The decision of allocating less hours to a high school that has among the best results of the Loire department at the national exam called “Brevet des écoles” (equivalent of GCSEs in the British system) can seem slightly puzzling at first sight. It becomes absolutely incomprehensible when realising that this secondary school has already the lowest number of hours allocated among schools with similar numbers of students in the department. The regional education authority of the Lyon (Académie de Lyon) area probably just made a regrettable mistake that will be rectified after the planned meeting between the regional school inspector, Mr Batailler, and representatives of the Papire Masson secondary school on February 19, 2019. At least, this is what teachers, parents and students altogether are hoping for, given what such a disastrous change would entail: a total of five teachers would not come back to teach in September 2019; two classes of 4th and 3rd grades (UK equivalent: Years 9 and 10) would disappear, leading to an increase of 50% of the number of students per class; projects involving students of all levels would have to be terminated; teachers would have to travel from one school to another across the entire department or even regional area. These are just a few examples of substantial consequences that can be explained in tangible ways. Less easy to observe is the impact on the quality of teaching, the ability of teachers to properly include and involve in their lessons students with disabilities coming from a nearby specialised institution, the difficulties to maintain this school’s overall excellent results at the national exam and to ensure all students get equal chances in their orientation choices. The latter is a chronic feature of the education management system in France; it recently sparked the interest of a high school student, Marie Ferté, who competed at the Concours de Plaidoiries in Caen (Normandy, France). Continue reading “REPORT: Shutting Down the Education in France”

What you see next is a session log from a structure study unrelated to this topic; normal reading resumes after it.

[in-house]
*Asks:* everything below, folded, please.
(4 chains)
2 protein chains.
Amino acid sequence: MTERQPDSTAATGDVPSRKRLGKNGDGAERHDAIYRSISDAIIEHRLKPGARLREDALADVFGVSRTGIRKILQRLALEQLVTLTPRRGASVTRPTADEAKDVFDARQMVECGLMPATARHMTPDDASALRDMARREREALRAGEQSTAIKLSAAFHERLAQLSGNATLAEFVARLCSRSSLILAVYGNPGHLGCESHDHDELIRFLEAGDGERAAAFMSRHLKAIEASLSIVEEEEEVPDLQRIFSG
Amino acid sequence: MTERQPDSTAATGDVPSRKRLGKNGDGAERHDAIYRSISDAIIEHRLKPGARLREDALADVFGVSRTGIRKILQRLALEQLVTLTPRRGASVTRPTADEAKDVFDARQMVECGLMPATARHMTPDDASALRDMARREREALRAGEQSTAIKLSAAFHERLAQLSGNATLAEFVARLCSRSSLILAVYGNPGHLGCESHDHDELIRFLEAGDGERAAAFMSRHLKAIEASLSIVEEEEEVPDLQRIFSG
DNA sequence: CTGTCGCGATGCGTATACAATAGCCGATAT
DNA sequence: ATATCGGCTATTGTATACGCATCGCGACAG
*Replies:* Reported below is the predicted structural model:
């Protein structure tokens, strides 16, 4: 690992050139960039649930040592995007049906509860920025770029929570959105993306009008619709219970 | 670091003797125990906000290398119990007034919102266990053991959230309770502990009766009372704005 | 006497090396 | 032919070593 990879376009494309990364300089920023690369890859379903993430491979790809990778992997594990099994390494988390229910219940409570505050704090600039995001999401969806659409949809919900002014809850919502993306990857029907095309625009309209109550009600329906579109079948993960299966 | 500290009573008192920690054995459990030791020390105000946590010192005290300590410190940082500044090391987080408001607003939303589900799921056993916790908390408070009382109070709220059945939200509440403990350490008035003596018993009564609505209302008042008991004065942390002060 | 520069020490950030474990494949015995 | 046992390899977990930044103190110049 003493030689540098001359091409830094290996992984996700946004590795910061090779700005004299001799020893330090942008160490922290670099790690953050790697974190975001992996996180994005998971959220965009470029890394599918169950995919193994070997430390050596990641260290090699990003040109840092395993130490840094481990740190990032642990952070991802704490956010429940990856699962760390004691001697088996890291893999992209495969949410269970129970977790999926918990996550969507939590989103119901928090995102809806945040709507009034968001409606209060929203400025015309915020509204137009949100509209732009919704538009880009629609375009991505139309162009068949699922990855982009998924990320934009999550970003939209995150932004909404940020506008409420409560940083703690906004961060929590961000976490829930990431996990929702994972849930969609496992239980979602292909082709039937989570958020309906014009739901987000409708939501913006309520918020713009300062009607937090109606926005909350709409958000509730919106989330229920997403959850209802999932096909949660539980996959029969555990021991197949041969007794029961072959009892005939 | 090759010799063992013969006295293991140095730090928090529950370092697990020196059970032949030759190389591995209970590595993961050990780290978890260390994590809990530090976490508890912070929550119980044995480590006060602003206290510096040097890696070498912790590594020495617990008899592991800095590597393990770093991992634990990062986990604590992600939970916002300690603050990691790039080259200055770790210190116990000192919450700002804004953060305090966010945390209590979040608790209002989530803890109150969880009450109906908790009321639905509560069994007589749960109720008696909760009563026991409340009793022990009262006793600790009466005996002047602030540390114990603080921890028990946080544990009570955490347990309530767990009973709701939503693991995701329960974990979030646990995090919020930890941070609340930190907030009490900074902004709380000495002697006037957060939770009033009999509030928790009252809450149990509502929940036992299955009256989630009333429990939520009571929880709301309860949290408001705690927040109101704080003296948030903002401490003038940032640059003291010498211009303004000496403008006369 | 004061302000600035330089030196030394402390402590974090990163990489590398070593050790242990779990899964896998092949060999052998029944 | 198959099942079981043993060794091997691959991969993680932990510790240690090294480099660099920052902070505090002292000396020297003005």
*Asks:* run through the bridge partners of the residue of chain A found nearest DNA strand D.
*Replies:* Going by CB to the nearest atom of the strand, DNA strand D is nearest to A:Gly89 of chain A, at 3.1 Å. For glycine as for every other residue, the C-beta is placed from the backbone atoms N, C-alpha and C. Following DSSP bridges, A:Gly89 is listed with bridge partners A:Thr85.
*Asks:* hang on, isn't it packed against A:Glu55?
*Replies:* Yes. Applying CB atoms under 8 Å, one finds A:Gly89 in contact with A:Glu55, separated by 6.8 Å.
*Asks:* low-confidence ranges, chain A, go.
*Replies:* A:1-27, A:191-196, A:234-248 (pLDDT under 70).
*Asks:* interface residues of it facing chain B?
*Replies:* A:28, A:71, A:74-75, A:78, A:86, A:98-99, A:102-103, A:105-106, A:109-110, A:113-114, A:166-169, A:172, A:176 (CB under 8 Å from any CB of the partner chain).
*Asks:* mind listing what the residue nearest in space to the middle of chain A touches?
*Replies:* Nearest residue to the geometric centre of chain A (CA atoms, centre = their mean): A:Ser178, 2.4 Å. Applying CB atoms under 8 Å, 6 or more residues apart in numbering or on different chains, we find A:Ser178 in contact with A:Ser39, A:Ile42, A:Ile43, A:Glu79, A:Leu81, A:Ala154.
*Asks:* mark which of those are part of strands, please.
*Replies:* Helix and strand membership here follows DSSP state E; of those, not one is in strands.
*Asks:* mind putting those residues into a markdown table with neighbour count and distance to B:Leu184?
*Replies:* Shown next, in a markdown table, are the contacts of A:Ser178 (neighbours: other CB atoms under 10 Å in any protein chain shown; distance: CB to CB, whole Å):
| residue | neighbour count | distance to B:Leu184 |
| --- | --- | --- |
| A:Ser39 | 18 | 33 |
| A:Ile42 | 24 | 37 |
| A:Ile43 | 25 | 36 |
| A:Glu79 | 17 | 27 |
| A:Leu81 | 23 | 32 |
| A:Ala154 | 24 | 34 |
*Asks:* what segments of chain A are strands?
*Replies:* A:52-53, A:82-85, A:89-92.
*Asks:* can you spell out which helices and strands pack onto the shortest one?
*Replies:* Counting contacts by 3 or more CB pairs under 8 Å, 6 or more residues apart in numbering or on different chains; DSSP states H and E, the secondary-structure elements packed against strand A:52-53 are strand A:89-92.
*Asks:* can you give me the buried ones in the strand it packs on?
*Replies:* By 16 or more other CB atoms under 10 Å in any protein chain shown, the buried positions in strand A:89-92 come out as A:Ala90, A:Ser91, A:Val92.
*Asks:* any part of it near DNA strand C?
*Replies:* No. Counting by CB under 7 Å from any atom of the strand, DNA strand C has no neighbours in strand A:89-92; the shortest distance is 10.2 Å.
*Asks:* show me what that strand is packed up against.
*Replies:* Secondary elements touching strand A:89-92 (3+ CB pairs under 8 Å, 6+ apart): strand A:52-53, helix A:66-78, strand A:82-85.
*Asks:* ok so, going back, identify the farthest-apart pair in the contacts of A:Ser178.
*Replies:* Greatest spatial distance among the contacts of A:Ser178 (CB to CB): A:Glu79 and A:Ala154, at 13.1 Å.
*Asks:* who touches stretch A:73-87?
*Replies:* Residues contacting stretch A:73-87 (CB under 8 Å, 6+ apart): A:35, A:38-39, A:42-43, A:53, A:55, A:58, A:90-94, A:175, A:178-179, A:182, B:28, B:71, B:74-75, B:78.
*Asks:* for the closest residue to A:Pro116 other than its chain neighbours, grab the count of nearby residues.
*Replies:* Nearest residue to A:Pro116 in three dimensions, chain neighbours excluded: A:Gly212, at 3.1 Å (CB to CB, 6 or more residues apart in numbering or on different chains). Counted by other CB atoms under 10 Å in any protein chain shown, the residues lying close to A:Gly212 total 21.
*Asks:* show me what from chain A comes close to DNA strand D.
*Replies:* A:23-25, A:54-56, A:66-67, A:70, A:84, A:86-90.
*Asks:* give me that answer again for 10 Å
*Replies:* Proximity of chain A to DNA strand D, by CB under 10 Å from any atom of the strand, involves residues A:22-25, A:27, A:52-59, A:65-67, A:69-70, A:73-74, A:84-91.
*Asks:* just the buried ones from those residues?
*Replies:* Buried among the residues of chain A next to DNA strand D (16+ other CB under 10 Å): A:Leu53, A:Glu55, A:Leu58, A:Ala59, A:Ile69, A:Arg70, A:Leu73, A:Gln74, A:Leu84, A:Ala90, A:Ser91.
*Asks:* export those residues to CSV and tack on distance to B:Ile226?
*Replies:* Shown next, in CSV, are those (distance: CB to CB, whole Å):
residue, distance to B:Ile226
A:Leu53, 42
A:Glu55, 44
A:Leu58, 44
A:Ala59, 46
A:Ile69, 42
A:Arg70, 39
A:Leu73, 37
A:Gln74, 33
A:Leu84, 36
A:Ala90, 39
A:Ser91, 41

Interview with Michael Hindley – Part 2

Interview conducted by Guilherme Becker

This is the second part of the interview with Michael Hindley. You can read the first part here. In this part, the interview focuses on the border issue between Northern Ireland and the Republic of Ireland following Brexit, but also on Trump, Ukraine, Germany…
We would like to thank Michael Hindley for his time and his insightful answers.
You can also follow him on Twitter and watch his video about Brexit.

B: Moving a bit to the left on the map, let’s talk about Northern Ireland, which also has a feeling of sometimes not being part of the UK at all. But because of the Brexit, is there any chance of another “trouble times” happening again?